Technology & Empathy
Literature Review on technology's empathic role and the interlink between the two.
Some scholars believe that the driving force behind our evolution is in fact not solely survival and reproduction, but also the need to connect. They believe our species is continuously seeking to broaden and deepen mutual connections in order to transcend ourselves. Author Edith Cobbs explained it beautifully when she wrote:
“The need to extend the self in time and space- the need to create in order to live, to breathe, and to be – precedes, indeed, of necessity exceeds, the need for self- reproduction as a personal survival function “ ( as quoted in Rifkin, 2009; 40).
We achieve transcendence through technology, which is an extension of our human minds; an embodiment for our ideas. With the emergence of language, our most influential technology, our minds were finally freed from limitations (Kelly, 2010; 37,44). Language enabled the extension of human social networks and complex social environments. A new school of neurocognitive scientist now believe language developed as an outlet for empathetic expression (Rifkin, 2009; 96) which then gave way to other technologies, further enhancing our empathetic extensions. Currently we are living through the most effective of these technologies with the digital form. The internet is allowing for global interconnection, granting us the ability to access information and each other at a quicker pace and a greater volume than ever before.
Technology has been present in our lives since the Paleolithic ages, working as an extension of our physical, and most recently, our mental limitations (Kelly, 2010; 37). As technology advances, so do our civilizations, bringing people together, heightening our empathetic sensitivity and expanding our collective consciousness (Rifkin, 2009; 2). The final stage of our technology will be artificial intelligence, as many believe this might very well be our final creation. This paper will aim to define the importance of empathy within the development of our technology and the role it inhabits in our biology. It will explain how digital technology when used for the abilitation of empathy, allows us to profit both individually and as a species.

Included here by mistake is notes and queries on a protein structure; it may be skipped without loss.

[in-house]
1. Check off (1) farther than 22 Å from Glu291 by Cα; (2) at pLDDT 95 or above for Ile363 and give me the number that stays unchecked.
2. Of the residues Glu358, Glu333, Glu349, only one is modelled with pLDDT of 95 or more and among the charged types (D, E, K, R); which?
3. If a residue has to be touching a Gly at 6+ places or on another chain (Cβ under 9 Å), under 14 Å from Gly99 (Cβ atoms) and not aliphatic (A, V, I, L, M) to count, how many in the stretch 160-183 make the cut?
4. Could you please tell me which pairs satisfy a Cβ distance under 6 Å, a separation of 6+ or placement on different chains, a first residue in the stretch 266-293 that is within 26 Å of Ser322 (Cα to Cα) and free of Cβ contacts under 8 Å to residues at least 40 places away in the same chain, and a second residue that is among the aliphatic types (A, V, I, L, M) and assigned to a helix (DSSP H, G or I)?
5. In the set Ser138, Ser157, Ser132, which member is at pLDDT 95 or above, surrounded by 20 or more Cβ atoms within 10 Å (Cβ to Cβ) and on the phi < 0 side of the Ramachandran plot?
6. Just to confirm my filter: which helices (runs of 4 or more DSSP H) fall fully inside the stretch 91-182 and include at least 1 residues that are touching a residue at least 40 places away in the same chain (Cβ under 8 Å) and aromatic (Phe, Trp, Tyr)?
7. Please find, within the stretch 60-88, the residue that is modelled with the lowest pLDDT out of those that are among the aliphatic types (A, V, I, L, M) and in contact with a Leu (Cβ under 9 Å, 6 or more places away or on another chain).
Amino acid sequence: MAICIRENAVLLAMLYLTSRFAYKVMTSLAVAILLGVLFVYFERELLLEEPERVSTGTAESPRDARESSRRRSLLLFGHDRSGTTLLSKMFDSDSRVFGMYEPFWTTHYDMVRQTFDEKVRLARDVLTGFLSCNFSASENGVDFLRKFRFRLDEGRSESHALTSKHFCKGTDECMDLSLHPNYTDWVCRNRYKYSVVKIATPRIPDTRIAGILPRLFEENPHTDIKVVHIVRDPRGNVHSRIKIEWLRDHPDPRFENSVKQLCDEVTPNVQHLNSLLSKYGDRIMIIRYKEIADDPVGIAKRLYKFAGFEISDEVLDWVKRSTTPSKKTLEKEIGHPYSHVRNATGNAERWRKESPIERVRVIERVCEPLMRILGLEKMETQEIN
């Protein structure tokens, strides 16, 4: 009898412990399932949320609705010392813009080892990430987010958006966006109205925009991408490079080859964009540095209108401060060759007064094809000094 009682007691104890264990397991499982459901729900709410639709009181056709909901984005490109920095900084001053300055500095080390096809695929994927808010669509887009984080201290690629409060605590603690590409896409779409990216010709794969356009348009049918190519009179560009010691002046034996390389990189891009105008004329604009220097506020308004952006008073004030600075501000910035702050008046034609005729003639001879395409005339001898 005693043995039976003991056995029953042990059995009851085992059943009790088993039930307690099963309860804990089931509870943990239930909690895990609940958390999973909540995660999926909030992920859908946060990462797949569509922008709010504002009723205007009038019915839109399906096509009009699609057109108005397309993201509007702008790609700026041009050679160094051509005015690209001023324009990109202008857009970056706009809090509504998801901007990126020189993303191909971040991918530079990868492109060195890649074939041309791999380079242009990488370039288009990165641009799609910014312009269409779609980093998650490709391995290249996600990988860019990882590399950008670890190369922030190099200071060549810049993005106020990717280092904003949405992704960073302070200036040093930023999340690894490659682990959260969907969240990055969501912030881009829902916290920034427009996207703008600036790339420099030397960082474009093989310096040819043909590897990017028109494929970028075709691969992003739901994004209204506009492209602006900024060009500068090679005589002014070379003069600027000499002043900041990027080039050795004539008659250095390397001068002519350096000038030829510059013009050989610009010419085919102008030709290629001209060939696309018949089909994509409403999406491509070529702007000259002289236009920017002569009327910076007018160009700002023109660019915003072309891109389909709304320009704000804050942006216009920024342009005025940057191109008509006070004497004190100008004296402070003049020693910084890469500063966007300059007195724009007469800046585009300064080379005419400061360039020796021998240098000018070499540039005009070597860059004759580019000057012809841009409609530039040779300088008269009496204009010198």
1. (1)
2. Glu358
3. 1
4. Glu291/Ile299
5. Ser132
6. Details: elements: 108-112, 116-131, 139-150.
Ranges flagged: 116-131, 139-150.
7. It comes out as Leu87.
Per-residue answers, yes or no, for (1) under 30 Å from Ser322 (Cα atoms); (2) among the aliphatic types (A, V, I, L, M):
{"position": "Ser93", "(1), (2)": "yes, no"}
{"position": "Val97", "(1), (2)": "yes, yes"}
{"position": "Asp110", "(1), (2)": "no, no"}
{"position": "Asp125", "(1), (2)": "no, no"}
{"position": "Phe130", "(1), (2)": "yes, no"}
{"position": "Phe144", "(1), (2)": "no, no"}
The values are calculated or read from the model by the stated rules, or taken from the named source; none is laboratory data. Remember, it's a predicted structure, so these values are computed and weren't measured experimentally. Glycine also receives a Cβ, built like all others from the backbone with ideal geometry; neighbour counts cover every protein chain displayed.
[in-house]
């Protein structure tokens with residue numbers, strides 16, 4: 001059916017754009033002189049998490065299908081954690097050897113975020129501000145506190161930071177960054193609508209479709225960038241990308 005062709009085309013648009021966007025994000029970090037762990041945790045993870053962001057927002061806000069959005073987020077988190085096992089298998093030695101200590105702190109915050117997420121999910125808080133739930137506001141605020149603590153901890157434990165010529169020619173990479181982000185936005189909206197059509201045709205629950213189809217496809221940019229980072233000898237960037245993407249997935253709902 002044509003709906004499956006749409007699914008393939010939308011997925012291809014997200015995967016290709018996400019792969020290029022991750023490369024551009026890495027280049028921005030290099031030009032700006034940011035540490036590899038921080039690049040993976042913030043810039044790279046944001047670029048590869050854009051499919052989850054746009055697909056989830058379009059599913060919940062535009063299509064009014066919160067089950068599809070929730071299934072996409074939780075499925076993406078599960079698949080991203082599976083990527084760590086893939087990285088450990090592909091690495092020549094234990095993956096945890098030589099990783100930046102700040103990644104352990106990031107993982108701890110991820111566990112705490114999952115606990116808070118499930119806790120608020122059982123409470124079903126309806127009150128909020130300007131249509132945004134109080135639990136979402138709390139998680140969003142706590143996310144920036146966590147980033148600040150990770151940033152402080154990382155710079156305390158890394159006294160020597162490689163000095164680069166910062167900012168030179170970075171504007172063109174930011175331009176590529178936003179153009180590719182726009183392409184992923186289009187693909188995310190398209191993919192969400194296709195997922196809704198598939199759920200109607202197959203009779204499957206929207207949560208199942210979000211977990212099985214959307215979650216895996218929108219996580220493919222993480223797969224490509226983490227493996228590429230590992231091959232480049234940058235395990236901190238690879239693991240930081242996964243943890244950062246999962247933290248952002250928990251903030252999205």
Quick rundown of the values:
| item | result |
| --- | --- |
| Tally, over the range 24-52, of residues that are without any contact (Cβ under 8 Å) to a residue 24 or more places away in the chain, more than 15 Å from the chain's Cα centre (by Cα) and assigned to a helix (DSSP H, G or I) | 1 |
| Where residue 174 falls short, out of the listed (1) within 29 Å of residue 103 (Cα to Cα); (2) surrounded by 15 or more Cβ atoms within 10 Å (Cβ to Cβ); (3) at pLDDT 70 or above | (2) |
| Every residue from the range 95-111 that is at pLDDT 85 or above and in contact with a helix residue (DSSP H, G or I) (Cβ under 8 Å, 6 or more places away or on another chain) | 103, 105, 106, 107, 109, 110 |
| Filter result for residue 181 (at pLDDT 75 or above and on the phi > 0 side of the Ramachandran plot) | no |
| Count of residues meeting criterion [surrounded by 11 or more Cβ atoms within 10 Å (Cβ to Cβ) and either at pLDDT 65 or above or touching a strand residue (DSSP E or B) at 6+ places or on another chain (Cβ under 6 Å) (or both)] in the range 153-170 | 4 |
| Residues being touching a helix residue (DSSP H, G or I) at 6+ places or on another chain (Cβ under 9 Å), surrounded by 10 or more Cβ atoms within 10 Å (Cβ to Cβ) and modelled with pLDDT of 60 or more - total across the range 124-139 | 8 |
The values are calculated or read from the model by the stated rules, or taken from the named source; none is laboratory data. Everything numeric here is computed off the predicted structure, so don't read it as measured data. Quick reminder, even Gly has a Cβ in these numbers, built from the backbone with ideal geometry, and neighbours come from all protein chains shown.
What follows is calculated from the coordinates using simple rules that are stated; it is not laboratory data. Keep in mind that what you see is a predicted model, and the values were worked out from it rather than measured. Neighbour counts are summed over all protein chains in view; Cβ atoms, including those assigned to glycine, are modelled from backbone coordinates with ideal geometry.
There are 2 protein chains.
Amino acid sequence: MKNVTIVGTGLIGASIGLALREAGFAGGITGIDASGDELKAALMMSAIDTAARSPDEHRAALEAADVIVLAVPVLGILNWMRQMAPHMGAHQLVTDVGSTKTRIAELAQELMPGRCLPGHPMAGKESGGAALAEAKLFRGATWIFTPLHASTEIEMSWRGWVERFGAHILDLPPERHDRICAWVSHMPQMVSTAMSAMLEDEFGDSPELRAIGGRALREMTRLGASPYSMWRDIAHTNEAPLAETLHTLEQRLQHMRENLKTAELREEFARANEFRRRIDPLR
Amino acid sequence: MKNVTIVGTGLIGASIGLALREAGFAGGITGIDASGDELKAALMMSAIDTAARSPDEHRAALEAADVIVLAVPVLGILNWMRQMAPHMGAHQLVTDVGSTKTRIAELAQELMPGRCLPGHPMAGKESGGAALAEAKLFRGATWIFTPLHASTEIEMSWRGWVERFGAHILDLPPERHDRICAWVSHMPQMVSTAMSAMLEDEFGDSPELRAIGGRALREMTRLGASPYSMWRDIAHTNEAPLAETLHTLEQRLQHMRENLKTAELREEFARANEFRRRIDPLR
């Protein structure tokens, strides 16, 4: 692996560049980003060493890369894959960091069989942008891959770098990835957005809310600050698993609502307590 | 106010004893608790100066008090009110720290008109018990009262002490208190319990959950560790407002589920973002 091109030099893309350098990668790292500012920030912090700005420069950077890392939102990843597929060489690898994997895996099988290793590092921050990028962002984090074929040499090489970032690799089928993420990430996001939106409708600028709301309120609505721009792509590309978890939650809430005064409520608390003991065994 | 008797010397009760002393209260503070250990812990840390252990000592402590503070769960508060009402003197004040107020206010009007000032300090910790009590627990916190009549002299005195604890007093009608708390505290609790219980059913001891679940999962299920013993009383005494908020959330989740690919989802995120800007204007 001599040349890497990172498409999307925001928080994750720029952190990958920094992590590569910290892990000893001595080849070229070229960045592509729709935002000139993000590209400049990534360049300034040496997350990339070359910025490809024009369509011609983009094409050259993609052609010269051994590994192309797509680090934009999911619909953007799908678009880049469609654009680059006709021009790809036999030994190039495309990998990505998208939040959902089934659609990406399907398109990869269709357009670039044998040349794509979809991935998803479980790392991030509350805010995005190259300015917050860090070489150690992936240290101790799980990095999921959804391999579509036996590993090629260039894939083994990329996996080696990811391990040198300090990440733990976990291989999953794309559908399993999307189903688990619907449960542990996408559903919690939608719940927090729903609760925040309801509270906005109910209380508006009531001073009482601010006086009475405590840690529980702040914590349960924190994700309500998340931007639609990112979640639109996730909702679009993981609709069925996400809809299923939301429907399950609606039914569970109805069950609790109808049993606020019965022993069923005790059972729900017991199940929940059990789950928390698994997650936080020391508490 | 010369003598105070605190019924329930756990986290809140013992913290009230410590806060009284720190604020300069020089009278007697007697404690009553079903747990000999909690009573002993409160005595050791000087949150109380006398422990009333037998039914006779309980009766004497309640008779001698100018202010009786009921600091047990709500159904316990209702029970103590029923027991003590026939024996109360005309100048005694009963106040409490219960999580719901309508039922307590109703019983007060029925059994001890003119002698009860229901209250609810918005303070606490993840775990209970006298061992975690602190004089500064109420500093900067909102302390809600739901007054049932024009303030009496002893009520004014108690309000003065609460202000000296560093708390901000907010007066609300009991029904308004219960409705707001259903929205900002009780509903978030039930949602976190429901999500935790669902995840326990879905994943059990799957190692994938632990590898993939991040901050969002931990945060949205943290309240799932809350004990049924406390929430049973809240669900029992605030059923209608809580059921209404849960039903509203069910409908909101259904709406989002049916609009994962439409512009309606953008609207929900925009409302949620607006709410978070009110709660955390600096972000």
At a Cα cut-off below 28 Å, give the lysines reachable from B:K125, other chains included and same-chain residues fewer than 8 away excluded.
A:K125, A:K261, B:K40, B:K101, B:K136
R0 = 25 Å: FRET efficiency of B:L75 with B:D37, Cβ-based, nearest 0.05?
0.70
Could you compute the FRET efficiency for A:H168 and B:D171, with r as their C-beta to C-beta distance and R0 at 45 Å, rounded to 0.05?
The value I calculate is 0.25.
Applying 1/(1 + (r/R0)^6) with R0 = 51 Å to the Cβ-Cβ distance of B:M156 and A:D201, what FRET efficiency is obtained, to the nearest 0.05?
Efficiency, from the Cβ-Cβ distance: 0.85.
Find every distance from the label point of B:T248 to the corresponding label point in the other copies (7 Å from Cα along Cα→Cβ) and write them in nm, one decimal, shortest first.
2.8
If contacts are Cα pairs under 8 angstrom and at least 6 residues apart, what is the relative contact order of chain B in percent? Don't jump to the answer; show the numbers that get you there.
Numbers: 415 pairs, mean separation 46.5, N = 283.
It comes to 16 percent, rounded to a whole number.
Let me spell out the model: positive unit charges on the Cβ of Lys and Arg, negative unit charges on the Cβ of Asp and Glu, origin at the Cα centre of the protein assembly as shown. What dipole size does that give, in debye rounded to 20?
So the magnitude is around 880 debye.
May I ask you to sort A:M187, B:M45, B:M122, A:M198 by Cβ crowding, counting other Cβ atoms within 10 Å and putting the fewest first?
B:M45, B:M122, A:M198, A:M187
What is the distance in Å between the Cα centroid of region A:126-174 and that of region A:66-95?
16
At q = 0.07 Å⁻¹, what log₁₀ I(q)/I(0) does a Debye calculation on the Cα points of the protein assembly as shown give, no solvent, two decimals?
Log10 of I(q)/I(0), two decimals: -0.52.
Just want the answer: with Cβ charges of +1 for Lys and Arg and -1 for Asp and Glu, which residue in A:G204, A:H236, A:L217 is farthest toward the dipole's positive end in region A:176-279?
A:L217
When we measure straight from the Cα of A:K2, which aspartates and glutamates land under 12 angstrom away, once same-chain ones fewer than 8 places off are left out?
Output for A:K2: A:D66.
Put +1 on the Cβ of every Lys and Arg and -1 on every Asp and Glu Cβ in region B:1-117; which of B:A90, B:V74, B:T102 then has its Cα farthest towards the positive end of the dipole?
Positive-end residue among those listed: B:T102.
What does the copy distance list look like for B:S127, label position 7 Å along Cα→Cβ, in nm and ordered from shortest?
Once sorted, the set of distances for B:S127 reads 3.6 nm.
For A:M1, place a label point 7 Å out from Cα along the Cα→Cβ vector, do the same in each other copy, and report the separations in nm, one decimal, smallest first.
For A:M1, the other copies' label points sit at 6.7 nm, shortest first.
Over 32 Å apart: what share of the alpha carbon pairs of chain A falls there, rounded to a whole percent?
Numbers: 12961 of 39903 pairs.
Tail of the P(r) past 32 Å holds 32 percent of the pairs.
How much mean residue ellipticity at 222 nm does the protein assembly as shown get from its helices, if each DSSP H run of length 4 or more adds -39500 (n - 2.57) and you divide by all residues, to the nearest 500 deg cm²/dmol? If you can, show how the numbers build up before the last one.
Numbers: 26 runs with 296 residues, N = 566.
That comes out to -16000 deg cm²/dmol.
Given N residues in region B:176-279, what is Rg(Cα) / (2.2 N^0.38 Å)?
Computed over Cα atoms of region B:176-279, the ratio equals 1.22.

The term technology has been subject to various interpretations. In his book Understanding Media: The Extension of Man, media theorist Marshall McLuhan referred to technology as both the medium and the media. The medium is defined as “any extension of ourselves," while the media is that which “shapes and controls the scale and form of human association and action” (McLuhan, 1964: 19-20). Author Kevin Kelly shares a similar opinion when describing the technium, a word he coined to define the “greater, global massively interconnected system of technology.” Technium includes hardware, culture, art as well as social and intellectual institutions (Kelly, 2010;11-12). Sociologist Daniel Bell had a more explicit interpretation. He referred to the tools we adopt to broaden our mental capacities as intellectual technologies. These technologies arguably have the greatest continuing influence on the way we think (Carr, 2010; 44-45). Despite all terminologies, technology is understood to be the tools we use as amplifications of our human capabilities; whether physical or mental, these are extensions of ourselves. Technology is deeply rooted in our humanity and allows us to expand on it, as anthropologist Amber Case points out, “technology ends up being more human than technology, because we're co-creating each other all the time” (Case, 2010).
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